Why fires are continuing to ravage Uttarakhand forests
Unless the state pursues a model of zero tolerance towards the crisis, it may end in water wars.
- Total Shares
Three years after the Supreme Court banned the felling of trees above 1,000m elevation in 1981, the cycle of uncontrollable forest fires began in the western Himalaya. Since then, the forests have been devastated by people setting fires repeatedly, once at the end of winter, when the monsoon growth has dried and again in April-May, when Chir pines shed their resinous needles and the forest is covered in a carpet of highly inflammable biomass.
In Uttarakhand, the arrest of more than 200 people on charges of setting fires during May-June 2016 brought matters under control until mid-April 2017, despite the unusually dry winter months, when the forests would have burnt had someone set a match to them. The arrests continued in 2017, with five people being sent to jail for setting forest fires in different incidents in early April.
However, vested interests appear to have decided to strike again in recent days, with the forests again going up in flames, over such large tracts simultaneously that forest department personnel and local people are quite unable to fight on the number of fronts that have been opened. The scale of fires suggests some level of co-ordination.
The forest department and apologists for the fires have to learn how to distinguish between a forest fire and a grassland fire. PC: Rohini Rana
The High Court of Uttarakhand took a dim view of such fires and ordered that if a forest fire continued for more than 24 hours, the concerned Divisional Forest Officer could consider himself or herself suspended, if they raged for 48 hours, the Conservator could do the same and if the fire continued for more than 72 hours, the suspension would apply to the Principal Chief Conservator of Forests.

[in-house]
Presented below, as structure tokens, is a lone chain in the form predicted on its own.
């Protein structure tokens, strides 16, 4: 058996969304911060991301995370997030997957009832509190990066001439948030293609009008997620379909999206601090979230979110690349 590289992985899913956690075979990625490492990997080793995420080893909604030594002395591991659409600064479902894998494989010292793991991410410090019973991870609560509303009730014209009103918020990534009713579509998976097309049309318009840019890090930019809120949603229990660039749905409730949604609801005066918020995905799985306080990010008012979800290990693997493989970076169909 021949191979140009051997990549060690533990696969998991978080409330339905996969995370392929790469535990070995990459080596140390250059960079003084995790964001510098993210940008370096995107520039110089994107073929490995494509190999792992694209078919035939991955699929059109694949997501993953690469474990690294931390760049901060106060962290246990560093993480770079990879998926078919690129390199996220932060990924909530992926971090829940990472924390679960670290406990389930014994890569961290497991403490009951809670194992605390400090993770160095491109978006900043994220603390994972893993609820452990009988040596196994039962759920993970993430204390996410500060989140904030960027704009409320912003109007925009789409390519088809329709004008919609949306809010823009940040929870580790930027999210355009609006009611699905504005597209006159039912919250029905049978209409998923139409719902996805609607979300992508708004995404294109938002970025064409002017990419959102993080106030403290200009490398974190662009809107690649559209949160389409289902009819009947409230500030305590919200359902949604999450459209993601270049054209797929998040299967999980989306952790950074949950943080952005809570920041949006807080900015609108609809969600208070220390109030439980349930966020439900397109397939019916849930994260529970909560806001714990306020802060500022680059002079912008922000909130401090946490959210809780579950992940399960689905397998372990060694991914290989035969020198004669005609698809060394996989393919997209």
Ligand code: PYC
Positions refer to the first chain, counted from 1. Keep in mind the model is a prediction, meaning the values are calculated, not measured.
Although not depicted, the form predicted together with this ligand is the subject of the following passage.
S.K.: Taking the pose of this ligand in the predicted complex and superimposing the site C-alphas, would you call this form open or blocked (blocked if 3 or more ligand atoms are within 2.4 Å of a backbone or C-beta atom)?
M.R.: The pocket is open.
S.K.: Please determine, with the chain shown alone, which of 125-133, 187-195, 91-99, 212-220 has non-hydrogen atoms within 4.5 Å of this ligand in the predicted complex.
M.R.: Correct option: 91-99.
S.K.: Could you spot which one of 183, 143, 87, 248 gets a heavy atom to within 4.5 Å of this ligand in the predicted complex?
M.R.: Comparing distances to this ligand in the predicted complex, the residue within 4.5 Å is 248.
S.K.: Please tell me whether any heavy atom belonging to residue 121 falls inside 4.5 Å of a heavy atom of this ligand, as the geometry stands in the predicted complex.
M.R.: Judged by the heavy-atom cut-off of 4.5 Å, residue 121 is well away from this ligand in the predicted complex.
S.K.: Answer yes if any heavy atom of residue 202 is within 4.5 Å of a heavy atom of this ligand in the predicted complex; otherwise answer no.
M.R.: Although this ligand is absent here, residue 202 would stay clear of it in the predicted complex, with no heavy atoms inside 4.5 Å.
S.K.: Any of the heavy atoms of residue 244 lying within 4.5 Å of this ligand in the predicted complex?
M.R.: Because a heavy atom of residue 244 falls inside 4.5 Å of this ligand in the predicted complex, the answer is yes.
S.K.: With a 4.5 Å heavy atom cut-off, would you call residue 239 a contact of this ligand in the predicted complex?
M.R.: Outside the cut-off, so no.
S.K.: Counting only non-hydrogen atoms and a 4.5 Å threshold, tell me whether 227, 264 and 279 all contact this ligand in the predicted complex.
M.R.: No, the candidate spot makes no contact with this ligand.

This order has no doubt spurred the forest department to act and they have discovered two things that they appeared to be unaware of earlier: firstly, that fires are not "natural" but are clearly set by people armed with a matchstick and, secondly, they do not need crores and crores of rupees to put out forest fires. Instead, boots on the ground and switches of green boughs and rakes are the most effective means of dousing forest fires.
The argument that forest fires are set by villagers in expectation of a growth of nutritious grass with the coming of the monsoon is dispelled by the realisation that this might apply to grasslands or open pine forests, but not to Himalayan oak and sal forests, where grass does not grow in abundance!
So the forest department and apologists for the fires have to learn how to distinguish between a forest fire and a grassland fire.
It would greatly help if political parties in the states placed the respective forest departments in the same category as the Army. PC: Rohini Rana
The practice of controlled burning of forests by the forest department originated before Independence, when wood was the primary product of forests of the western Himalaya. For this, the undergrowth was not needed, so controlled burning during the winter resulted in fewer fires during summer. Saplings were planted according to perceived future needs, as in Europe.